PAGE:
Antibiogram of Methicillin-Resistant Staphylococcus aureus Isolates From MRSA Colonized Patients in Two Tertiary Hospital Emergency Departments

AUTHORS

Haruaki Wakatake 1 , Shigeki Fujitani 1 , Yuka Kitano 1 , Alan T. Lefor 2 , Yasuhiko Taira 1 , *

1 Department of Emergency and Critical Care Medicine, St. Marianna University Hospital, Kawasaki, Japan

2 Department of Surgery, Jichi Medical University, Shimotsuke-Shi, Japan

How to Cite: Wakatake H, Fujitani S, Kitano Y, Lefor A T, Taira Y. Antibiogram of Methicillin-Resistant Staphylococcus aureus Isolates From MRSA Colonized Patients in Two Tertiary Hospital Emergency Departments, Int J Infect. 1970 ; 2(4):e32695. doi: 10.17795/iji-32695.

ARTICLE INFORMATION

International Journal of Infection: 2 (4); e32695
Published Online: October 28, 2015
Article Type: Research Article
Received: September 1, 2015
Accepted: September 2, 2015
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Abstract

Background: Methicillin-Resistant Staphylococcus aureus (MRSA) colonized patients are at increased risk of developing MRSA infections.

Objectives: This study was undertaken to evaluate the minimum inhibitory concentration (MIC) of anti-MRSA antibiotics for MRSA isolates from MRSA colonized patients.

Patients and Methods: From November 2009 to March 2011, a prospective study was performed in two emergency departments. Patients at high risk for MRSA colonization were identified, and MRSA surveillance cultures obtained. The MIC for anti-MRSA antibiotics in cultures from each patient was evaluated.

Results: A total of 276 patients were assessed. Of these, 23.6% (65/276) were MRSA culture positive. The MIC 50 and MIC 90 for vancomycin with these MRSA isolates by E-test were both 2 µg/mL. The MIC 50 and MIC 90 for teicoplanin were 2 µg/mL and 3 µg/mL, respectively, among MRSA isolates. Nearly all (62/65, 95.4%) MRSA isolates were sensitive to trimethoprim /sulfamethoxazole. Of all patients, 47.7% (31/65) of the MRSA isolates were sensitive to gentamicin, 40% (26/65) to minocycline, 13.8% (9/65) to clindamycin, 6.2% (4/65) to erythromycin, and 1.5% (1/65) to levofloxacin.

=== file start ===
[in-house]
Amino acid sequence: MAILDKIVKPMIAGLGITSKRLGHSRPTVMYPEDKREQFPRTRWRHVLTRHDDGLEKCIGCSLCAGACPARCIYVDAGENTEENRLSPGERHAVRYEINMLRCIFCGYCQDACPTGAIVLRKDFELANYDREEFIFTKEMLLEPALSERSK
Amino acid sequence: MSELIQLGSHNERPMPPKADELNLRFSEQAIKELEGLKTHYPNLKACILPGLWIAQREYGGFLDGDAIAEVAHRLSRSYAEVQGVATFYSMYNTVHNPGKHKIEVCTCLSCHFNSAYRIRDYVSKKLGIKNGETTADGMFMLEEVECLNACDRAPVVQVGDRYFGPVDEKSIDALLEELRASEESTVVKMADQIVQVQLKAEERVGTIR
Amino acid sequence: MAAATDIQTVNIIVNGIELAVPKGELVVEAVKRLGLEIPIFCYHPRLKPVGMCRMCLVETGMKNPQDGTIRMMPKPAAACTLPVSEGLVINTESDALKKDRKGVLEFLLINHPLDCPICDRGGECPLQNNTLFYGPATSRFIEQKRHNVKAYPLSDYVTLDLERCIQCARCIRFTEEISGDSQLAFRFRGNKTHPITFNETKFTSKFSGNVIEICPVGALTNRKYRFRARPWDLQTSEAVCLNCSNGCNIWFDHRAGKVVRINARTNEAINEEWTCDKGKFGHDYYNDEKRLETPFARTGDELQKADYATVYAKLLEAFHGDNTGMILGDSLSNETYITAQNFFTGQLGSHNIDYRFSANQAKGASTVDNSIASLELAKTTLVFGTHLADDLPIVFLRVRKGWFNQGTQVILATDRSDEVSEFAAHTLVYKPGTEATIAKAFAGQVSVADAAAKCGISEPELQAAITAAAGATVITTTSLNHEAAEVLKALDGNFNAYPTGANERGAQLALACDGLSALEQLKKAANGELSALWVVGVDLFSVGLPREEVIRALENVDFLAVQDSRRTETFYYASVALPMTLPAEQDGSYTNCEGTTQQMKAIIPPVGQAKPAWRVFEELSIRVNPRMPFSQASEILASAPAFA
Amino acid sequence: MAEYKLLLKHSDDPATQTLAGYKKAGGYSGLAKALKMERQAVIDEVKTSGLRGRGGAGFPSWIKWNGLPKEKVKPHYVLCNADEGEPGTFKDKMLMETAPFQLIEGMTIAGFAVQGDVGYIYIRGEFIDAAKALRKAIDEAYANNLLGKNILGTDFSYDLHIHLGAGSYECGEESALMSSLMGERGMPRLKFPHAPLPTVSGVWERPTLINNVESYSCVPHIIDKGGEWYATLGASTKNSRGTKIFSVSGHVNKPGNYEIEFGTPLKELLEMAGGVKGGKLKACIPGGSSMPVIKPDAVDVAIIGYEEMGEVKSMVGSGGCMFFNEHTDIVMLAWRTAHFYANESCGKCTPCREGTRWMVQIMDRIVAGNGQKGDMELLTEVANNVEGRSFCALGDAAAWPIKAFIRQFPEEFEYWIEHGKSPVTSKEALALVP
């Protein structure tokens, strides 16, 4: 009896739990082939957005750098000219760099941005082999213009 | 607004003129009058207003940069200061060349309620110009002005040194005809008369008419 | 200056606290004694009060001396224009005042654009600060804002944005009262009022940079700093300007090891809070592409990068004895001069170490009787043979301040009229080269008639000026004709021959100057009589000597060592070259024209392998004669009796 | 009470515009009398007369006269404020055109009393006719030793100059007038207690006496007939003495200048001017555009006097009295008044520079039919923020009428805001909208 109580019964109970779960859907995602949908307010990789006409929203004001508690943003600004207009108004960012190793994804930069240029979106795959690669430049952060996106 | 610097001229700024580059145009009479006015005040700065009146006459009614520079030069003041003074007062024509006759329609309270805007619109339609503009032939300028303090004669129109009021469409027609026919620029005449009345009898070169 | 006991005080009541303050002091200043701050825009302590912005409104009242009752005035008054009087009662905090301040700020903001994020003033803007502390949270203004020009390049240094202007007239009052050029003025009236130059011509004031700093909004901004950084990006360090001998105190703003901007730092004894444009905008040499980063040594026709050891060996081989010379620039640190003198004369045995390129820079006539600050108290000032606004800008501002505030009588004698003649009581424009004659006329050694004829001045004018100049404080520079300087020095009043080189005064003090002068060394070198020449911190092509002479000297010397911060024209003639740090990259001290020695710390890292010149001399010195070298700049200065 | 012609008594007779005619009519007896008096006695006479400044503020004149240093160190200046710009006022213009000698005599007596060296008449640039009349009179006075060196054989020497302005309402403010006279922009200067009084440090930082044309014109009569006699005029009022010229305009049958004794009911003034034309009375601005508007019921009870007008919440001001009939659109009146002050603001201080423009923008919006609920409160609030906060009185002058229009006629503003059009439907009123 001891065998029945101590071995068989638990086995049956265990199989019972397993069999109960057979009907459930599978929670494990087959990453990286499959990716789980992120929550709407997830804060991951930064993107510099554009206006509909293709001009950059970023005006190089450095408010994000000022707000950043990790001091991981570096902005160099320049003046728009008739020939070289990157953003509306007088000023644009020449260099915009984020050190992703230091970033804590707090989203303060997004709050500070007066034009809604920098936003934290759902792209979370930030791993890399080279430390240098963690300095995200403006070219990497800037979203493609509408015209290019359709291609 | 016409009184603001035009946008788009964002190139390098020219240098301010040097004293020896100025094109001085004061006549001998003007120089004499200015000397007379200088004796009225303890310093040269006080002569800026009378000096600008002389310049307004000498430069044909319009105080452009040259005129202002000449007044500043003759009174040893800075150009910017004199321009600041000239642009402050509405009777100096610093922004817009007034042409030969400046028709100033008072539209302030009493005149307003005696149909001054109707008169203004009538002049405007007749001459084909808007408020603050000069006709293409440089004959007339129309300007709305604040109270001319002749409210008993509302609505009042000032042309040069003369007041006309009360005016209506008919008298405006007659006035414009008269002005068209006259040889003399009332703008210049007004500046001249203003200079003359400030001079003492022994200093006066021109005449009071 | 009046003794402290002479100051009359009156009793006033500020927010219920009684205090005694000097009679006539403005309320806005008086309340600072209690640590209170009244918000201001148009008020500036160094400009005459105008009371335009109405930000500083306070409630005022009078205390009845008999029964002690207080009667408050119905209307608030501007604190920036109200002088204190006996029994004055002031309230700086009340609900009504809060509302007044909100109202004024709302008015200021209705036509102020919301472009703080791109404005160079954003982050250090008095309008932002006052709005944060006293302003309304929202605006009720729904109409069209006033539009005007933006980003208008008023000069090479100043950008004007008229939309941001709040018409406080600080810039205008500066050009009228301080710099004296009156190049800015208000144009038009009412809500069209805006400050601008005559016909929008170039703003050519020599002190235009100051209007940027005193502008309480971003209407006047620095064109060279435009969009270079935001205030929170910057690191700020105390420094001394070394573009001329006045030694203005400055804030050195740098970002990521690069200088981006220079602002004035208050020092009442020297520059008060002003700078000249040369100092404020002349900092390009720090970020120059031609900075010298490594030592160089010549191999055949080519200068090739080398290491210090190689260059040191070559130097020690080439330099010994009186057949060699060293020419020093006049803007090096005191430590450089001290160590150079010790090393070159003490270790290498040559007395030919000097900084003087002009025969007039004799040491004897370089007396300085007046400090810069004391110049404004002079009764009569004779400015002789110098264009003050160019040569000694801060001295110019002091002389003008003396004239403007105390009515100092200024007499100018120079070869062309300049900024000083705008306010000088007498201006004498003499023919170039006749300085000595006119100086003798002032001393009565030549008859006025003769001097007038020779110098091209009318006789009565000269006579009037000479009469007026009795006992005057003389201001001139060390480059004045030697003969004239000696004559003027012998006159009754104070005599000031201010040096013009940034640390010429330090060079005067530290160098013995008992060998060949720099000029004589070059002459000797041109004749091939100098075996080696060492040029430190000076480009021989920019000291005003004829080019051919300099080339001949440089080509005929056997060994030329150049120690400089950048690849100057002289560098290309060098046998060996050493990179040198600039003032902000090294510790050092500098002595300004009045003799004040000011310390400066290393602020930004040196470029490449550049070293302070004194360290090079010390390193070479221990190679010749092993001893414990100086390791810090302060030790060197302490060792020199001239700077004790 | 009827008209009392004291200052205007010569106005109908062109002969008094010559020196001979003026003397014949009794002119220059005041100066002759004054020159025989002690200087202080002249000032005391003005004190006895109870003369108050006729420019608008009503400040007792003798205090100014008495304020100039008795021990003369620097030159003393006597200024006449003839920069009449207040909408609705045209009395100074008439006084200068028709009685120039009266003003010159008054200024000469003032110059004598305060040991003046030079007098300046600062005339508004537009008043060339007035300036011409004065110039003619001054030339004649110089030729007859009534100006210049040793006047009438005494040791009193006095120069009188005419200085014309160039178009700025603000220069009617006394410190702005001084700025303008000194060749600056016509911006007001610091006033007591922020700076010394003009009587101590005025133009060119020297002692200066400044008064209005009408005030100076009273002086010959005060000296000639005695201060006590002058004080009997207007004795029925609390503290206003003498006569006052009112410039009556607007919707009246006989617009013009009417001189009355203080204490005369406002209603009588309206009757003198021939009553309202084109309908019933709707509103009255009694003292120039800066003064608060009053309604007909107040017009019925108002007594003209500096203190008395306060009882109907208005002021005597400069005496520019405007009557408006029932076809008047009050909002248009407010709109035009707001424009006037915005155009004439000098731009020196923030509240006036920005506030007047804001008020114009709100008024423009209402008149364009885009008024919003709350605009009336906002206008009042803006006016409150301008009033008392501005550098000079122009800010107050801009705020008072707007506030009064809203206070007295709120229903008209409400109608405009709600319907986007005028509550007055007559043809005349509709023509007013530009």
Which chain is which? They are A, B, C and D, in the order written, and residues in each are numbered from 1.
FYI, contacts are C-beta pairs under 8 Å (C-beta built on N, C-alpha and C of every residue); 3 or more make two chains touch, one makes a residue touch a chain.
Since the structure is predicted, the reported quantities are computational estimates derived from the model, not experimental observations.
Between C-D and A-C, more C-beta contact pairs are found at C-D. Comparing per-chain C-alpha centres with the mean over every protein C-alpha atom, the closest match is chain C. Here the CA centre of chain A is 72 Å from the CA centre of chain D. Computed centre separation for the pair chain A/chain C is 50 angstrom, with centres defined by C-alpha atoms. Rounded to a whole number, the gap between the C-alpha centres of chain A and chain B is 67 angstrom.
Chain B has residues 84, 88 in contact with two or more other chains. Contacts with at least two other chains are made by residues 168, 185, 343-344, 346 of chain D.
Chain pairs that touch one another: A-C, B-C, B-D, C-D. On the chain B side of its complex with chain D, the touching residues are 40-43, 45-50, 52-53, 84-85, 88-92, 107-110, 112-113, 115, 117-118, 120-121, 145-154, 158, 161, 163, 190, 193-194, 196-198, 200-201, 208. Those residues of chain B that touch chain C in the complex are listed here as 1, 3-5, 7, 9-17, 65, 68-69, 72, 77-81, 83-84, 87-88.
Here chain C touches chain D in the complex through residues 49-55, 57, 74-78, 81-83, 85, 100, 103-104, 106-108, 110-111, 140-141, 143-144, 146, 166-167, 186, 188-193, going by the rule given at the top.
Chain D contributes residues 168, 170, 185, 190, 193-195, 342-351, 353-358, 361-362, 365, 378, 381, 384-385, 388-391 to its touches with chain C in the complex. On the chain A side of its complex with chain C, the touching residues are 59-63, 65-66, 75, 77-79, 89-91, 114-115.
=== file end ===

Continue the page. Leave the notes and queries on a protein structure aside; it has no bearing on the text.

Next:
Conclusions: The average value of the vancomycin MIC for isolates from MRSA colonized patients was 2 µg/ml. trimethoprim /sulfamethoxazole was the second most effective anti-MRSA oral antibiotic in vitro.

Keywords

Colonization Antibiogram Minimal Inhibitory Concentration (MIC) Methicillin-Resistant Staphylococcus aureus (MRSA)

Copyright © 2015, Infectious Diseases and Tropical Medicine Research Center. This is an open-access article distributed under the terms of the Creative Commons Attribution-NonCommercial 4.0 International License (http://creativecommons.org/licenses/by-nc/4.0/) which permits copy and redistribute the material just in noncommercial usages, provided the original work is properly cited.

1. Background

Patients colonized with methicillin-resistant Staphylococcus aureus (MRSA) are known to be at high risk of developing MRSA infections (1). Currently, MRSA infections are increasing in number and in the Japan Nosocomial Infection Surveillance report of 2011, the rate of MRSA in Staphylococcus aureus isolates was reported to be 54.6% (2).

In 2003, the increase in vancomycin minimum inhibitory concentration (MIC) became an important socio-economic issue as well as a threat to the health-care system (3). In 2006, the Clinical Laboratory Standard Institutes changed the breakpoint of the vancomycin MIC for MRSA (4). Currently, with the rise in the vancomycin MIC, the Infectious Diseases Society of America guideline recommends setting a higher vancomycin trough level at 15 - 20 µg/mL, but the data do not yet clearly demonstrate whether this higher trough level is associated with an improved prognosis (5). Recent report shows that higher vancomycin MIC levels are associated with a higher mortality rate in patients with MRSA bacteremia even with the use of anti-MRSA antibiotics (6). Higher-dose vancomycin regimens are also associated with a higher likelihood of vancomycin-related nephrotoxicity (7, 8).

In Japan, there is no data yet regarding MRSA colonization rates, nor an antibiogram of MRSA colonization. The antibiogram of MRSA, including MIC levels for MRSA colonization, is important to select appropriate empirical antibiotic therapy in critically ill patients. Our previous study showed that the MRSA colonization rate is 30% among patients in Japan at high risk for MRSA (9).